Commit 5ba75c80 authored by Richard M. Stallman's avatar Richard M. Stallman

(Indentation): Condense, simplify, clarify prev change.

parent f9ad161b
......@@ -40,75 +40,47 @@ be called `indentation':
@enumerate
@item
The most simple operation is to just insert a tab character. This
operation does not have a convenient key binding, because it is
subsumed by the more general operation described next. But you can use
@kbd{C-q @key{TAB}} to insert a literal tab character.
Insert a tab character. You can type @kbd{C-q @key{TAB}} to do this.
A tab character is displayed as a stretch of whitespace which extends
to the next display tab stop position, and the default width of a tab
stop is eight. @xref{Display Custom}, for more details.
@item
Emacs also supports tab stops. You can set them at arbitrary
positions, and then use @kbd{M-i} to advance to the next tab stop. The
default tab stop list contains positions (columns) that are a multiple
of eight, and so the effect of @kbd{M-i} is the same as that of
@kbd{C-q @key{TAB}} in the default case.
You can set the tab stops with @kbd{M-x edit-tab-stops}.
Advance to the next tab stop. You can set tab stops at your choice of
column positions, then type @kbd{M-i} to advance to the next tab stop.
The default is to have tab stops every eight columns, which means by
default @kbd{M-i} inserts a tab character. To set the tab stops, use
@kbd{M-x edit-tab-stops}.
@item
You can align successive lines with each other. This is called
@dfn{relative indentation} in Emacs and is performed by the command
@kbd{M-x indent-relative}. The effect is best shown by an example:
@example
This shows the effect of relative indentation.
^ ^ ^ ^ ^ ^ ^
@end example
The positions for the @code{^} characters on the second line were
obtained using @kbd{M-x indent-relative}.
In Fundamental mode and in Text mode, @key{TAB} runs the command
@code{indent-relative}.
Align a line with the previous line. More precisely, the command
@kbd{M-x indent-relative} indents the current line under the beginning
of some word in the previous line. In Fundamental mode and in Text
mode, @key{TAB} runs the command @code{indent-relative}.
@item
The most sophisticated method is called @dfn{syntax-driven indentation}
and is the default behavior of the @key{TAB} key in Emacs.
Most programming languages have some indentation convention. For Lisp
code, lines are indented according to their nesting in parentheses. The
same general idea is used for C code, though many details are different.
For some languages, different kinds of indentation styles are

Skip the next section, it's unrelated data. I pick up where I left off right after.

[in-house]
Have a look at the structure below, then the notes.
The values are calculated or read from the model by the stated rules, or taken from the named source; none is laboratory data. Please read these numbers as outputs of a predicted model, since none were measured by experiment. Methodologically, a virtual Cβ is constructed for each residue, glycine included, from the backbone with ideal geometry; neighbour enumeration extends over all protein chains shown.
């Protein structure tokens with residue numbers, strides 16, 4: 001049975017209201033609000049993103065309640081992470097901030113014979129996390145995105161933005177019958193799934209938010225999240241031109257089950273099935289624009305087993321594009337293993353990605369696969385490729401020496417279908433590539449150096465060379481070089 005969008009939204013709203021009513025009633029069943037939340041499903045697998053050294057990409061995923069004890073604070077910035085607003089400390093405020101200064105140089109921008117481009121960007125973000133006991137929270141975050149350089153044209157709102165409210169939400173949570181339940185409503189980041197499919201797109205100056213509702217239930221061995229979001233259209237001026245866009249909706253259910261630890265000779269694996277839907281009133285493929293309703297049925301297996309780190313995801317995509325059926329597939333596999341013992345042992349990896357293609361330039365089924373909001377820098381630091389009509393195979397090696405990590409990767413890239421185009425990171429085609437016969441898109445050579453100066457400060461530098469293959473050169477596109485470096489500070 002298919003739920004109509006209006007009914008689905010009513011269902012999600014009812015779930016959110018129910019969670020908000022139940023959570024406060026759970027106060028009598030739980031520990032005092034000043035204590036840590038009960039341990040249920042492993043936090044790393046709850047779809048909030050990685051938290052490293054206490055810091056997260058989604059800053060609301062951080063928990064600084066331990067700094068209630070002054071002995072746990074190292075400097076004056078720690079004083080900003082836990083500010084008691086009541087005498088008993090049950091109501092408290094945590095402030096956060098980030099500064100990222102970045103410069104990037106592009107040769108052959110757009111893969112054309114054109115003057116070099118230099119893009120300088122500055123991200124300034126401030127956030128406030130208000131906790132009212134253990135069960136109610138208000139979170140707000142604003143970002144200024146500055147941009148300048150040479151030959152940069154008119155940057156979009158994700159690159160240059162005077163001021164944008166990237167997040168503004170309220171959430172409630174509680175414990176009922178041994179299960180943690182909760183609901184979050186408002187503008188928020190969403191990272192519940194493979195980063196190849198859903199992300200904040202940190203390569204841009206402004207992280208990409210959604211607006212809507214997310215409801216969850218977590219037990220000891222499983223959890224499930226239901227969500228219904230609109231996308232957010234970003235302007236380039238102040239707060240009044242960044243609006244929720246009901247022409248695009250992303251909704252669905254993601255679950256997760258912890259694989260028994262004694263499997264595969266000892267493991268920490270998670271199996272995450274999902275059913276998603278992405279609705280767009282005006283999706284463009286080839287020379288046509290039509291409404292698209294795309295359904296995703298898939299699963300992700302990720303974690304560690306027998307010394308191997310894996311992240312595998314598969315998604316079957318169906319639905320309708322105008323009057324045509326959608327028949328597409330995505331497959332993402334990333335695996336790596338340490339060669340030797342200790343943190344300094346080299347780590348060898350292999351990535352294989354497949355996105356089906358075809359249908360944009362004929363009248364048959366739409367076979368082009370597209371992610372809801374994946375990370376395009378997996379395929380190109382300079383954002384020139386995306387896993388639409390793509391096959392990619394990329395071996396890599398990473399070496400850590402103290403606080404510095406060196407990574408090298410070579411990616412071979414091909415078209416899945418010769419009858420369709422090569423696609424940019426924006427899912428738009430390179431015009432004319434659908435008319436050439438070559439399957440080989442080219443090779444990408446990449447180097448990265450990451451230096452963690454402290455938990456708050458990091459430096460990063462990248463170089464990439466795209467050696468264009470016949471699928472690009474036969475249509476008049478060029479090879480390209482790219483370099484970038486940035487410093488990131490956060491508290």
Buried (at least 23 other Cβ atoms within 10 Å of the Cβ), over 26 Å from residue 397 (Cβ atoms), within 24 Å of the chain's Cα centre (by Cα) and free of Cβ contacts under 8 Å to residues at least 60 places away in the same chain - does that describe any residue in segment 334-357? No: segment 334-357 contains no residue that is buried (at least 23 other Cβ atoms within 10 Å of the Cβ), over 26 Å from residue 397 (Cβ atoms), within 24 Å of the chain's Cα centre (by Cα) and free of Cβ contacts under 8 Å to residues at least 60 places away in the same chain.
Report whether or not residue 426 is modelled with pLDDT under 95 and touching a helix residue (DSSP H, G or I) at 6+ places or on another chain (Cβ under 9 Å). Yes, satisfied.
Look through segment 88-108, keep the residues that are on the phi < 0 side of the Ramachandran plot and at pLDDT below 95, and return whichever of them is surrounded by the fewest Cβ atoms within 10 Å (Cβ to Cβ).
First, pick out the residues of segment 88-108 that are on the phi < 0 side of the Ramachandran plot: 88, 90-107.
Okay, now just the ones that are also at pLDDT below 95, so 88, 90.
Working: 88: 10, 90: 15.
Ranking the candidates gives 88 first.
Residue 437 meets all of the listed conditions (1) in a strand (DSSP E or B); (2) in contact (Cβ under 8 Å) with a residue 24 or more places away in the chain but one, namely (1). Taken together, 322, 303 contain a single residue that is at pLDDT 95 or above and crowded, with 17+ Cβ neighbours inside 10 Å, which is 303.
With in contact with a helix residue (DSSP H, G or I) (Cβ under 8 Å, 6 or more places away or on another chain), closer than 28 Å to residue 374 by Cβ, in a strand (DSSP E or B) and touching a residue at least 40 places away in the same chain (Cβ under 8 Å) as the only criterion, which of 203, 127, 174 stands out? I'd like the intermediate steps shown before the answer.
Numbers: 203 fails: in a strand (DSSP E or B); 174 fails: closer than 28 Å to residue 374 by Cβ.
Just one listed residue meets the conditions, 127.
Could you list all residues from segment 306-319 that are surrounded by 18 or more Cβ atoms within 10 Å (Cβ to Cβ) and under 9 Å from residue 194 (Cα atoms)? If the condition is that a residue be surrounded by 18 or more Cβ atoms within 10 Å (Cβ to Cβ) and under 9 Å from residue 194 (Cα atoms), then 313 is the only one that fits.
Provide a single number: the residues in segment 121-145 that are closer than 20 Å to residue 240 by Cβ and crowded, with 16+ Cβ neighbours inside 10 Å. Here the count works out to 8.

commonly used. Emacs accomodates this by allowing users to customize
the indentation. For example, see @ref{Customizing Indentation,,,ccmode},
for a description of these facilities for the C language.
The most sophisticated method is @dfn{syntax-driven indentation}.
Most programming languages have an indentation convention. For Lisp
code, lines are indented according to their nesting in parentheses. C
code uses the same general idea, but many details are different.
@kindex TAB
Whatever the language, to indent a line, use the @key{TAB} command. Each
major mode defines this command to perform the sort of indentation
appropriate for the particular language. In Lisp mode, @key{TAB} aligns
the line according to its depth in parentheses. No matter where in the
line you are when you type @key{TAB}, it aligns the line as a whole. In C
mode, @key{TAB} implements a subtle and sophisticated indentation style that
knows about many aspects of C syntax.
Type @key{TAB} to do syntax-driven indentation, in a mode that
supports it. It realigns the current line according with the syntax
of the preceding lines. No matter where in the line you are when you
type @key{TAB}, it aligns the line as a whole.
@end enumerate
Normally, all of the above methods insert an optimal mix of tabs and
spaces for the needed indentation. @xref{Just Spaces}, for how to
prevent use of tabs. However, the first method (@kbd{C-q @key{TAB}})
always inserts a tab, even if you prevented their use.
spaces to align to the desired column. @xref{Just Spaces}, for how to
disable use of tabs. However, @kbd{C-q @key{TAB}} always inserts a
tab, even they are disabled for the indentation commands.
@c In Text mode, @key{TAB} runs the command @code{tab-to-tab-stop}, which
@c indents to the next tab stop column. You can set the tab stops with
@c @kbd{M-x edit-tab-stops}.
@c Normally, @key{TAB} inserts an optimal mix of tabs and spaces for
@c the intended indentation. @xref{Just Spaces}, for how to prevent use
@c of tabs.
@menu
* Indentation Commands:: Various commands and techniques for indentation.
* Tab Stops:: You can set arbitrary "tab stops" and then
......
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